Lets Start off with a Chart.
I’ve noted down the estimates that have created a flurry i.e. TechCrunch’s 240,000 sold by end of July figure, and Mr. Mahaney’s initial and revised estimates – the latter of which precipitated a 9% increase in Amazon’s stock price.
There is also a more detailed chart (click on the thumbnail to bring it up) if you’re interested in looking at the monthly sales numbers –
Figuring out Kindle Sales estimates is, given the limited information released by Amazon, pure guesswork. Its in Amazon’s interest to keep these numbers secret since it adds to the buzz and mystery. Almost as importantly, it keeps competitors unsettled. Rather than guess one number, I thought it makes more sense to come up with a range, based on the facts and some intelligent assumptions.
Here are the main figures I came up with –
- In the best case, the Amazon Kindle is on track to sell 570,000 Kindles by end of 2008. This includes the assumption that Kindle V2.0 is released before Christmas Season. I really think Amazon’s public denial of a new Kindle version is to sustain sales of V1.0 and keep competitors guessing. If they mess up and don’t release a Kindle V2.0 (which would be a huge lost opportunity) then the best case estimate is 475,000 kindles sold.
- In the worst case, the Amazon Kindle is on track to sell 128,000 Kindles, and 102,00 if they don’t release new versions. My personal opinion is that there is less than 1% probability of Kindle sales figures being anywhere close to this number.
My personal intuition says that Amazon is close to or even exceeding the best case estimates – since i have no facts to back that up I’ll stick to the chart figures instead. Here are some of the facts, datapoints and related assumptions I used to come up with the Kindle Sales Estimates. After that I just used Guesstimating and analysis, and threw out the highest and lowest figures, like olympic diving judges would. My best case and worst case estimates in the chart actually exclude outlier points.
- Sold out within 4.5 hours. It’d be reasonable to expect that Amazon had an initial stock of somewhere between 10,000 and 100,000 Kindles.
- Delays of 5-6 weeks in December and January. Delays continue until end of April.
- Availability of the Kindle on April 21st. It took 6 months to ramp up production to the point where supply met/exceeded demand.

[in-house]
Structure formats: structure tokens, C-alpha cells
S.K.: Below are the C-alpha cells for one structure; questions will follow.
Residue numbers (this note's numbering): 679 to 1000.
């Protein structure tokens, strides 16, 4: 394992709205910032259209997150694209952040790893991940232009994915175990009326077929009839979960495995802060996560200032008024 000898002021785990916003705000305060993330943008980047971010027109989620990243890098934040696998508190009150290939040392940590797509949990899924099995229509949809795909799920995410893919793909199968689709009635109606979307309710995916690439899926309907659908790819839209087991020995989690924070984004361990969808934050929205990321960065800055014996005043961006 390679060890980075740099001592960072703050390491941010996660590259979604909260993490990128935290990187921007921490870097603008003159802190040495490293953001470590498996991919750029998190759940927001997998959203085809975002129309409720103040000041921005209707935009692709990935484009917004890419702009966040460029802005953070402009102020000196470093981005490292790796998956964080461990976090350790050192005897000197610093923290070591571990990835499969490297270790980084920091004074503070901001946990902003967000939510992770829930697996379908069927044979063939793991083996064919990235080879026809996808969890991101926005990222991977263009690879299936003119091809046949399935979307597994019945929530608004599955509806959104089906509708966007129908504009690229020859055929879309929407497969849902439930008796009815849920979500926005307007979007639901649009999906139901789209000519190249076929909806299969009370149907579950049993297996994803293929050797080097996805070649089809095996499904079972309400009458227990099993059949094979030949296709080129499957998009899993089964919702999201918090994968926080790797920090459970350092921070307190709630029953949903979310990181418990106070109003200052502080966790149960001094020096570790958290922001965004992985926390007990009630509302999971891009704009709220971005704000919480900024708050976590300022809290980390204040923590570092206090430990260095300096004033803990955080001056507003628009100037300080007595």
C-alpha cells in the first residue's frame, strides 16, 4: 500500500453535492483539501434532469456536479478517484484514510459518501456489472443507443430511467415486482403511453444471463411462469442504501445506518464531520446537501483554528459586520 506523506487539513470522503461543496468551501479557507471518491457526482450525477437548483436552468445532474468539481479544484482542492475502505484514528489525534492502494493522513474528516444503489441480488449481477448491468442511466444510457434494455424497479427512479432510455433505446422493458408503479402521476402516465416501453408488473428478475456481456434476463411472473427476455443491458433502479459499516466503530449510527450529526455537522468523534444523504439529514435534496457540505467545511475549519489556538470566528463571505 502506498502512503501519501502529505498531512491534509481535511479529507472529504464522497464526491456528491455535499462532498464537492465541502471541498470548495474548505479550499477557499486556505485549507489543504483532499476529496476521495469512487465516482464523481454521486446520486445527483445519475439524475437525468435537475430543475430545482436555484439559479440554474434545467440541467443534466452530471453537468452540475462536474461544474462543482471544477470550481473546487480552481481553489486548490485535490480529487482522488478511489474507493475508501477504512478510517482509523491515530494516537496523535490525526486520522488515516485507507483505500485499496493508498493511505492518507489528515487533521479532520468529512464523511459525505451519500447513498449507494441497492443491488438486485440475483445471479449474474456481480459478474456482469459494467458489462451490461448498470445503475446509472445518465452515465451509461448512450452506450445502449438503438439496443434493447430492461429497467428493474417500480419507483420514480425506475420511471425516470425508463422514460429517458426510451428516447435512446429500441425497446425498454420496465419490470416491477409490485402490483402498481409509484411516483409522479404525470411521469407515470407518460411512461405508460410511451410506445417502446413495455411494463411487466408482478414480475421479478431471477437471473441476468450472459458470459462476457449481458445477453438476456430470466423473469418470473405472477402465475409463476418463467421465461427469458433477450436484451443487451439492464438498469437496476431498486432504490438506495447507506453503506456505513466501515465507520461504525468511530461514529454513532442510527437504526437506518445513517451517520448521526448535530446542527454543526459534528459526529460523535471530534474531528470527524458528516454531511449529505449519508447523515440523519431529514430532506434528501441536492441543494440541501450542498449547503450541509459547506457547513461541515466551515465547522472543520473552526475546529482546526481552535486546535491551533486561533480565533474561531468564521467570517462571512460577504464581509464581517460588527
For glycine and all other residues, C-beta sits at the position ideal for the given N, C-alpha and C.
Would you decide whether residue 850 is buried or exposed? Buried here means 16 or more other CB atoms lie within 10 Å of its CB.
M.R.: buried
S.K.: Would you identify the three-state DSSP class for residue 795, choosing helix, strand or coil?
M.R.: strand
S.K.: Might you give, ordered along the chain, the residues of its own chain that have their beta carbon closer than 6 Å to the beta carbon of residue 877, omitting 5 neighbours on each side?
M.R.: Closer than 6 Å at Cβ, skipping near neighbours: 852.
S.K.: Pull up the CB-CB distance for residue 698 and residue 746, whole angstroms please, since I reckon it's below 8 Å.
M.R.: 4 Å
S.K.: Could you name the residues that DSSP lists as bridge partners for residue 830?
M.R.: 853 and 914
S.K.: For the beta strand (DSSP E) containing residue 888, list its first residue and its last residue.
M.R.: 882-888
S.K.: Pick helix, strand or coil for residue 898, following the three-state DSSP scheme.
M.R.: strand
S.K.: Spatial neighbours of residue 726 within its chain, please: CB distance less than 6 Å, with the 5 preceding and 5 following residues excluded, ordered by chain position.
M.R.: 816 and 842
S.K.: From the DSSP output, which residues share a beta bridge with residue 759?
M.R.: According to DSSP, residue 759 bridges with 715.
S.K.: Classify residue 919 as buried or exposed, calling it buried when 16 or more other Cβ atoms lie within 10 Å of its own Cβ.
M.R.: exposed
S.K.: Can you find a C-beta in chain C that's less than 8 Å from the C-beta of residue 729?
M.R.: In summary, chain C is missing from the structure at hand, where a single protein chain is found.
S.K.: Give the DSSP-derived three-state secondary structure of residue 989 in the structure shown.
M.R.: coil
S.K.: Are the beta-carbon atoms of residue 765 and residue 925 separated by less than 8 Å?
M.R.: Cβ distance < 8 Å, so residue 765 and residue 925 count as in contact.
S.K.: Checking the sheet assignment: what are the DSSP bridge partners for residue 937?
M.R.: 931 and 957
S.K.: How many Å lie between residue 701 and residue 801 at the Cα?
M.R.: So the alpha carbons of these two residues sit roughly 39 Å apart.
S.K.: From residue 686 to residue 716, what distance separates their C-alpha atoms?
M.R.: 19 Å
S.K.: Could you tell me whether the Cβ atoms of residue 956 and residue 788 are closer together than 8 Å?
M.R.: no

- PVI’s (the kindle screen manufacturer) fortunes, figures they’ve given out, and manufacturing increases, and finally their exit from the LCD market to focus on eInk.
- Price drop to $359 on May 27th, 2008.
- Rumors of new version, followed by a price discount by Amazon, and denials of any new versions coming out in 2008. Note that while Amazon has claimed that there are no Kindle versions slated for this year, they have confirmed a version of Kindle for students.
- Various figures from Google such as 19 million search results for ‘amazon kindle’, 74,000 monthly average searches for ‘amazon kindle’ (from google adwords tool), charts from google trends.
- Figures from across the internet, including the size and activity level of official kindle forums, kindle groups, kindle forums and websites across the internet. For these figures and the previous figures I’ve compared the kindle across the board with the iphone and found a ratio of 25:1 i.e. the kindle gets 1/25th the amount of interest that the iphone does.
- Keyword based traffic on my blog and social network (both of which are kindle focused). The blog traffic in particular suggests that interest in the Kindle went up by roughly 50% after shipping delays were eliminated. The first price cut had little effect. The new Kindle versions rumours really decimated interest, and it’s only the new Kindle coupon that has led to a return to levels of interest before the new kindle rumours. Note that these are based on keyword traffic trends and not on referral information (revealing that information would get me into trouble with Amazon) and not on overall traffic.